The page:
Problem is, in the modern world advertising and media is not "based on" but instead CONSTITUTES the properties of any product for 99.99% of customers. Some of us happen to be knowledgeable enough to know better, yes. But everybody else hears "extra security for your kids!" on telly and they know this watch makes their kids extra secure (no doubt about that), then they read "your kids peddled to paedos by security watch" in a tabloid and they know their kids are in mortal peril (no doubt about that) whether any of that is actually the case or not.

Which is not to say this stuff is not badly bugged (I'm sure it's plenty insecure) - but rather that most people don't stand much of a chance of making any determination more sophisticated that the above about most things in their lives. Reading up on things takes lots of time (which nobody has, especially regarding every single thing they might actually need to know about every single thing) and it is ultimately severely limited by not having profound expertise and experience in assorted background topics, the way commentards here tend to have a lifetime's worth of about IT.

For instance, I don't believe there is any realistic amount of reading I could ever possibly do to gain a pertinent insight into the intricacies of protein folding - which might potentially be the key piece of information I might lack trying to make an informed decision on some topic related to, say, nutrition or health. We know why end-to-end encryption is fundamentally different than non-end-to-end, what https protects you against and what it does not and so on - the average punter (or mumsnet dweller) does not, never will, and never could. In the absence of a better and more objective source, they have no choice but remain the plaything of corporate ads and sensation-chasing rags...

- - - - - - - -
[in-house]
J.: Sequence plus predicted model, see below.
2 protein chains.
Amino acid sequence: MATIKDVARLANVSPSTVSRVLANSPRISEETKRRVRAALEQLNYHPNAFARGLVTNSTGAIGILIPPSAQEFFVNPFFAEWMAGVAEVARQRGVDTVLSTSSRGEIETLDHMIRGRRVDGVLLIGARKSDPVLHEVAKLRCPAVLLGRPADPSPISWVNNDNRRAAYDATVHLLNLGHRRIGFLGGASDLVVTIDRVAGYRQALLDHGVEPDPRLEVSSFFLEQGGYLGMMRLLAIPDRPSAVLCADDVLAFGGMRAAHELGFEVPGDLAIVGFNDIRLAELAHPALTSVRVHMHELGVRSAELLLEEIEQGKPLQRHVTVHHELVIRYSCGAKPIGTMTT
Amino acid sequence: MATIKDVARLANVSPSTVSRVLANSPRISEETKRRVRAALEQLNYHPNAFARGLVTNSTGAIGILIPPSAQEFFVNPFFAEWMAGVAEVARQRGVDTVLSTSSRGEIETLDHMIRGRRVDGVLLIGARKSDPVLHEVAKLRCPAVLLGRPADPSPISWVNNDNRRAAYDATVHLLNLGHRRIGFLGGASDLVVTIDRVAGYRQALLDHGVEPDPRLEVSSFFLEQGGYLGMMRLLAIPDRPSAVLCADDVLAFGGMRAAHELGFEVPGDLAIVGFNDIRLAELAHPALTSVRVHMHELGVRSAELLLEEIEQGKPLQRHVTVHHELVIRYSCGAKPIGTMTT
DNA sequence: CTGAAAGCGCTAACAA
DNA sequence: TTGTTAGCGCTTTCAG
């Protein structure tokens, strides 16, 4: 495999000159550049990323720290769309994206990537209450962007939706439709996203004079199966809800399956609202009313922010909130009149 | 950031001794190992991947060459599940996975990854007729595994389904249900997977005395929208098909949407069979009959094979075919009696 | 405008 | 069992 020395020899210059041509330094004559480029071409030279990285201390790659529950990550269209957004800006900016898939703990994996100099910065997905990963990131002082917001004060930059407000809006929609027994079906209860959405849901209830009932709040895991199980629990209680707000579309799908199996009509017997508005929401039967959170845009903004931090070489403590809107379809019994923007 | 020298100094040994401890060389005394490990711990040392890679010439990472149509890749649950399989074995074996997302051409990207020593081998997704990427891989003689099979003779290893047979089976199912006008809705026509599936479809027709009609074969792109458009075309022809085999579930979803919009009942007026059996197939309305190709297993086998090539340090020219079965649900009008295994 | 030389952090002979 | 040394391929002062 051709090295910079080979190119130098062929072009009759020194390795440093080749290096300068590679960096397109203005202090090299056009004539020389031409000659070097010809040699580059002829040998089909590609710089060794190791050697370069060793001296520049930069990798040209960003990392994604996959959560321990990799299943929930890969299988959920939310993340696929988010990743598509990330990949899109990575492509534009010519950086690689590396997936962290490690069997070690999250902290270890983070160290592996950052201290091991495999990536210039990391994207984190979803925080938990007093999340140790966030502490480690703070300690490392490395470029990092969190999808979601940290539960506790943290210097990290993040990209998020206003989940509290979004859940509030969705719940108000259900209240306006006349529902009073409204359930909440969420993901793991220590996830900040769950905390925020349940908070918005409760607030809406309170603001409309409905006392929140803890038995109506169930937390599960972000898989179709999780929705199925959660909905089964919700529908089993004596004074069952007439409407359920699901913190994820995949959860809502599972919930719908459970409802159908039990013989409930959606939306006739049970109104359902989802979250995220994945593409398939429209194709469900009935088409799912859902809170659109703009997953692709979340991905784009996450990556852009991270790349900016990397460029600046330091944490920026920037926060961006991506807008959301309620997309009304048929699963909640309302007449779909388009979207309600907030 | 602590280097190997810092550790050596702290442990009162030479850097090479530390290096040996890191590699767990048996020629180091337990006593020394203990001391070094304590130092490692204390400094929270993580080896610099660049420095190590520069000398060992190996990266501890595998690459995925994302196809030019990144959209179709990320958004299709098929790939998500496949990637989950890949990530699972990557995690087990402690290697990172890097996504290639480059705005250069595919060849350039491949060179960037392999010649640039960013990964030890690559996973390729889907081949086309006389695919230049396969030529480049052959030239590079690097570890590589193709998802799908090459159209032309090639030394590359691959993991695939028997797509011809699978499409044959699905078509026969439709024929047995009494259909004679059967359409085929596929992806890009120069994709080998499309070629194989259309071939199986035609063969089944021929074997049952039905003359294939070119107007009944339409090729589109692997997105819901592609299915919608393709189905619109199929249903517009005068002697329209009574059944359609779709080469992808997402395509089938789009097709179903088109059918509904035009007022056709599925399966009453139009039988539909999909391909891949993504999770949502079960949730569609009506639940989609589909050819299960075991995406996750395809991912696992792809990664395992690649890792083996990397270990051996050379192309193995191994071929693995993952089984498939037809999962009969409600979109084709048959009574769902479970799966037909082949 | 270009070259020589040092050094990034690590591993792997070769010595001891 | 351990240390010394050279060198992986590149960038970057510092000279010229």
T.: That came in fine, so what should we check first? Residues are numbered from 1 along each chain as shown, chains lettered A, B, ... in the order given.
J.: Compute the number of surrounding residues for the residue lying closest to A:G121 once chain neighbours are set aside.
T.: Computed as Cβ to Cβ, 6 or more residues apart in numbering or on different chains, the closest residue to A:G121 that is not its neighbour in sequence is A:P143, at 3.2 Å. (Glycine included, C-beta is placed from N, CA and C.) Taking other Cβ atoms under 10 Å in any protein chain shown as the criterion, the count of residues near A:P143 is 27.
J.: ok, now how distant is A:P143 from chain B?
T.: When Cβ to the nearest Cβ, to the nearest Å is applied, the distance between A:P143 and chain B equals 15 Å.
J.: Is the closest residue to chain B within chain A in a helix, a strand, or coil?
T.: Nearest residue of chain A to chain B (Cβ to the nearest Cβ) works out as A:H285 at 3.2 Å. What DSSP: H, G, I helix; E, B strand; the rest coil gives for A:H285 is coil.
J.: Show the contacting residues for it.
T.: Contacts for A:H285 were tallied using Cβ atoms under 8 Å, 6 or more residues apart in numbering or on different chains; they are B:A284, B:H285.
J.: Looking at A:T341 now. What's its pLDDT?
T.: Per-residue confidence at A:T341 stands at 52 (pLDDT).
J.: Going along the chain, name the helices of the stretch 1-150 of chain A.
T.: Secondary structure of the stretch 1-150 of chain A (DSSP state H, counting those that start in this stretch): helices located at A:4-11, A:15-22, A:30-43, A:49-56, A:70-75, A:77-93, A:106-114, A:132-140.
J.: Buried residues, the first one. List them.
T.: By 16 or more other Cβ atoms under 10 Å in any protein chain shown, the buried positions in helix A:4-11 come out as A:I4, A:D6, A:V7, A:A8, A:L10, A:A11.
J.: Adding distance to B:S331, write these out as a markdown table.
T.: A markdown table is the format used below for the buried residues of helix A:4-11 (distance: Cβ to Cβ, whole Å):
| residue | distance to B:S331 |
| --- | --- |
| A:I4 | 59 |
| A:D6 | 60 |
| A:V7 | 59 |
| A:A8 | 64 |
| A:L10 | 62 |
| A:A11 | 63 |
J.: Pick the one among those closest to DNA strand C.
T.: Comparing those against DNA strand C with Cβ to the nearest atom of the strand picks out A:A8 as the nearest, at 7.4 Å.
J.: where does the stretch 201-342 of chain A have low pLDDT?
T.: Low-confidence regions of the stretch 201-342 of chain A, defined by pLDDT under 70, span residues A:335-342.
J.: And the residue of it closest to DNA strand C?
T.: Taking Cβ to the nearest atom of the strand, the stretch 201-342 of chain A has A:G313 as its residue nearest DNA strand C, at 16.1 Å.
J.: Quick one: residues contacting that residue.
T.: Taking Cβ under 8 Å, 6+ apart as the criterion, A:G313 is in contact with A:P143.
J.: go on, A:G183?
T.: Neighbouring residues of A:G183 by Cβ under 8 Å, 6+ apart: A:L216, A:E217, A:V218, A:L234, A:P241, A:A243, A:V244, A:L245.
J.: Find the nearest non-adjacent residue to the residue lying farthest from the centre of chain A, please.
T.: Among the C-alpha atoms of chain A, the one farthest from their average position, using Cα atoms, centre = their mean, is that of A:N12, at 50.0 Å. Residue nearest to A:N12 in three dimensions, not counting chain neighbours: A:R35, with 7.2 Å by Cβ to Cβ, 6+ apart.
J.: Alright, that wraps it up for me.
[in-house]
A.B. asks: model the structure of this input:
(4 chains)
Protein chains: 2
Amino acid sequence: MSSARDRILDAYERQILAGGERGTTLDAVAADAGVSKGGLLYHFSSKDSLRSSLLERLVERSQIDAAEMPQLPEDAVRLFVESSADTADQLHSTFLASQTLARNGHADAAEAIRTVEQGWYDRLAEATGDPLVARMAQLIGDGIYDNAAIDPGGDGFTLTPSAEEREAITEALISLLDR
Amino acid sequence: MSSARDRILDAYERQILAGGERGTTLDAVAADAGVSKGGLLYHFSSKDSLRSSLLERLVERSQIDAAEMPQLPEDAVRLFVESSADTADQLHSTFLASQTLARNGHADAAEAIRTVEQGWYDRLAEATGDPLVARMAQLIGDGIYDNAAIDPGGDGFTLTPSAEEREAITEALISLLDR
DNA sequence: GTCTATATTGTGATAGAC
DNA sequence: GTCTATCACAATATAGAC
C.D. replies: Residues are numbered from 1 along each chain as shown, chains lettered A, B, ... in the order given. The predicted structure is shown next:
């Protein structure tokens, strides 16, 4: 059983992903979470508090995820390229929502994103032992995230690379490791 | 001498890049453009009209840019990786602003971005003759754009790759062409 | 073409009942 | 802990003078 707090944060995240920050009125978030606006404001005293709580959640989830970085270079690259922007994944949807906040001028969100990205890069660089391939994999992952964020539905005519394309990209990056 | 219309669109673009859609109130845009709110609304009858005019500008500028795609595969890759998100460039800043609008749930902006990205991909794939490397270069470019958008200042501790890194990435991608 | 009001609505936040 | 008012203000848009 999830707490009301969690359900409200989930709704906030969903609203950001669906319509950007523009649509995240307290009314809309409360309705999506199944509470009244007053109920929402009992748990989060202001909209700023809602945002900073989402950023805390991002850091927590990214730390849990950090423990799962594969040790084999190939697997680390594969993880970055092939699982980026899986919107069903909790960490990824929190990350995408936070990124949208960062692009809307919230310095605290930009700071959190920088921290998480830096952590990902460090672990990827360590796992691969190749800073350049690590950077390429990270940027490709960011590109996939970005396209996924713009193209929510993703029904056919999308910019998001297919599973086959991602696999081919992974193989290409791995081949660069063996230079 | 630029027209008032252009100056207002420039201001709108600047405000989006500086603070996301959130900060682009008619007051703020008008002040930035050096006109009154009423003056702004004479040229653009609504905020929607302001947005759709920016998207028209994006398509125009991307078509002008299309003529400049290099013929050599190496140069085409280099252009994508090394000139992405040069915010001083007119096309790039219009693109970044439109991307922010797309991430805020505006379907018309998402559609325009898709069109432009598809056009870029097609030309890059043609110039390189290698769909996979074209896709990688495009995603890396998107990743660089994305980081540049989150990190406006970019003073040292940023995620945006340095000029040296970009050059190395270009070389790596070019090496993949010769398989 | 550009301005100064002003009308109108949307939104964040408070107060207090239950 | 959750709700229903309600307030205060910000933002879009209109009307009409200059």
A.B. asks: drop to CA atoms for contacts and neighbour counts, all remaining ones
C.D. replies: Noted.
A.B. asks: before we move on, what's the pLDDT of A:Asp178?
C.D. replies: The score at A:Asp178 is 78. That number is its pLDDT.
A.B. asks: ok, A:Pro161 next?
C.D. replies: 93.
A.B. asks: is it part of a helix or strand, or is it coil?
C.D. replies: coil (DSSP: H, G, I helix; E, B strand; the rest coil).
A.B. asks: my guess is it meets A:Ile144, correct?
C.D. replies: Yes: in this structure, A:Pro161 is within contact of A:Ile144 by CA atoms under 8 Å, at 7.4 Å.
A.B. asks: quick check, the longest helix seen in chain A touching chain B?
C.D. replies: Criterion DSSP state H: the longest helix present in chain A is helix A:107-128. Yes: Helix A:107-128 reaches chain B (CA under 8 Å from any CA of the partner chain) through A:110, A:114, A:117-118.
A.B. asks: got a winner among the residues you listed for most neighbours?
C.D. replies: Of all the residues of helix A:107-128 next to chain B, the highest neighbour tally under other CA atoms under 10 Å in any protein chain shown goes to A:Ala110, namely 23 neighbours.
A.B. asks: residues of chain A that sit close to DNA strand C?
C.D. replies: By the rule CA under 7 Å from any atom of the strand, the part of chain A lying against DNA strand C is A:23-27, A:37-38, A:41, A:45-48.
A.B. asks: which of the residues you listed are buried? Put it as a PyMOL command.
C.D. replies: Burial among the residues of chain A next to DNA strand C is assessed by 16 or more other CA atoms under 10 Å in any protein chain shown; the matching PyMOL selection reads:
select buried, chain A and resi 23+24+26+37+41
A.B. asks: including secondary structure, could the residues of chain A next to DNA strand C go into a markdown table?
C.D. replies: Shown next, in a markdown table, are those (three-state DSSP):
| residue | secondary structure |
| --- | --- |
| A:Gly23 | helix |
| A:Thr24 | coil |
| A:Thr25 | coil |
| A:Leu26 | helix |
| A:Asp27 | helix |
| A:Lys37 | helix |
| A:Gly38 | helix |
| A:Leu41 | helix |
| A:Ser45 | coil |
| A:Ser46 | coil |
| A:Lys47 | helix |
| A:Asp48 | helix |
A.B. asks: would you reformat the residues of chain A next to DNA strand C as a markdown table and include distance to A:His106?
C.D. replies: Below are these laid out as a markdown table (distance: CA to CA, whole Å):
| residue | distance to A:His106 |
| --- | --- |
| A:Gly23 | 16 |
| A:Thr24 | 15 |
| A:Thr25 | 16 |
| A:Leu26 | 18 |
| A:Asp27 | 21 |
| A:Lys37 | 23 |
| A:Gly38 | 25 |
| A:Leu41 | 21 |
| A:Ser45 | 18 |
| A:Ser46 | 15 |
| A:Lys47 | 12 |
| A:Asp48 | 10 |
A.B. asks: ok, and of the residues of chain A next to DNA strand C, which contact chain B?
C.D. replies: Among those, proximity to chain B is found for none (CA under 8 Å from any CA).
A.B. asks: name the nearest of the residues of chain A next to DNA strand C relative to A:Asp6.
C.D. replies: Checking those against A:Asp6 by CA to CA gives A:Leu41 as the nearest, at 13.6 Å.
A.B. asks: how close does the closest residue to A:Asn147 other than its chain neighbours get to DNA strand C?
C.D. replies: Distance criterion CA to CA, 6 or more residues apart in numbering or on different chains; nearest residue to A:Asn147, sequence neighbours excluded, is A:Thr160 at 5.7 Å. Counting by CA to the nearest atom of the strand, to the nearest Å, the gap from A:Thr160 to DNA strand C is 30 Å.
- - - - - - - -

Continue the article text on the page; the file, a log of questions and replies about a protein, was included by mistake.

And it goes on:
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Re: "here is no financial incentive for any firm to implement IoT security : "

@Charles 9

"You Can't Fix Stupid"

Parents do "think of the children", all the time. Screwing with their offsprings' security is the one thing that has any hope of pushing an IoT security agenda, and possibly fixing stupid (or rather ignorance).

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Meh

SIoTAFU

The project found "significant security flaws, unreliable safety features and a lack of consumer protection" [...] Strangers can easily seize control of the [insert.device.names] and use them to track and eavesdrop on children due to a lack of encryption and other failings [...] He reported his findings in August to the manufacturer but has received no response to date.

So, just another sunny day in IoT Paradise.

Really, "security news" in the IoT space would be if someone ever sells a product that has any.

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Re: SIoTAFU

Is this an IoT device ?

Seems more like a mobile. When is a device IoT, or does any device on the internet qualify ?

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It's a thing

and it's on the internet.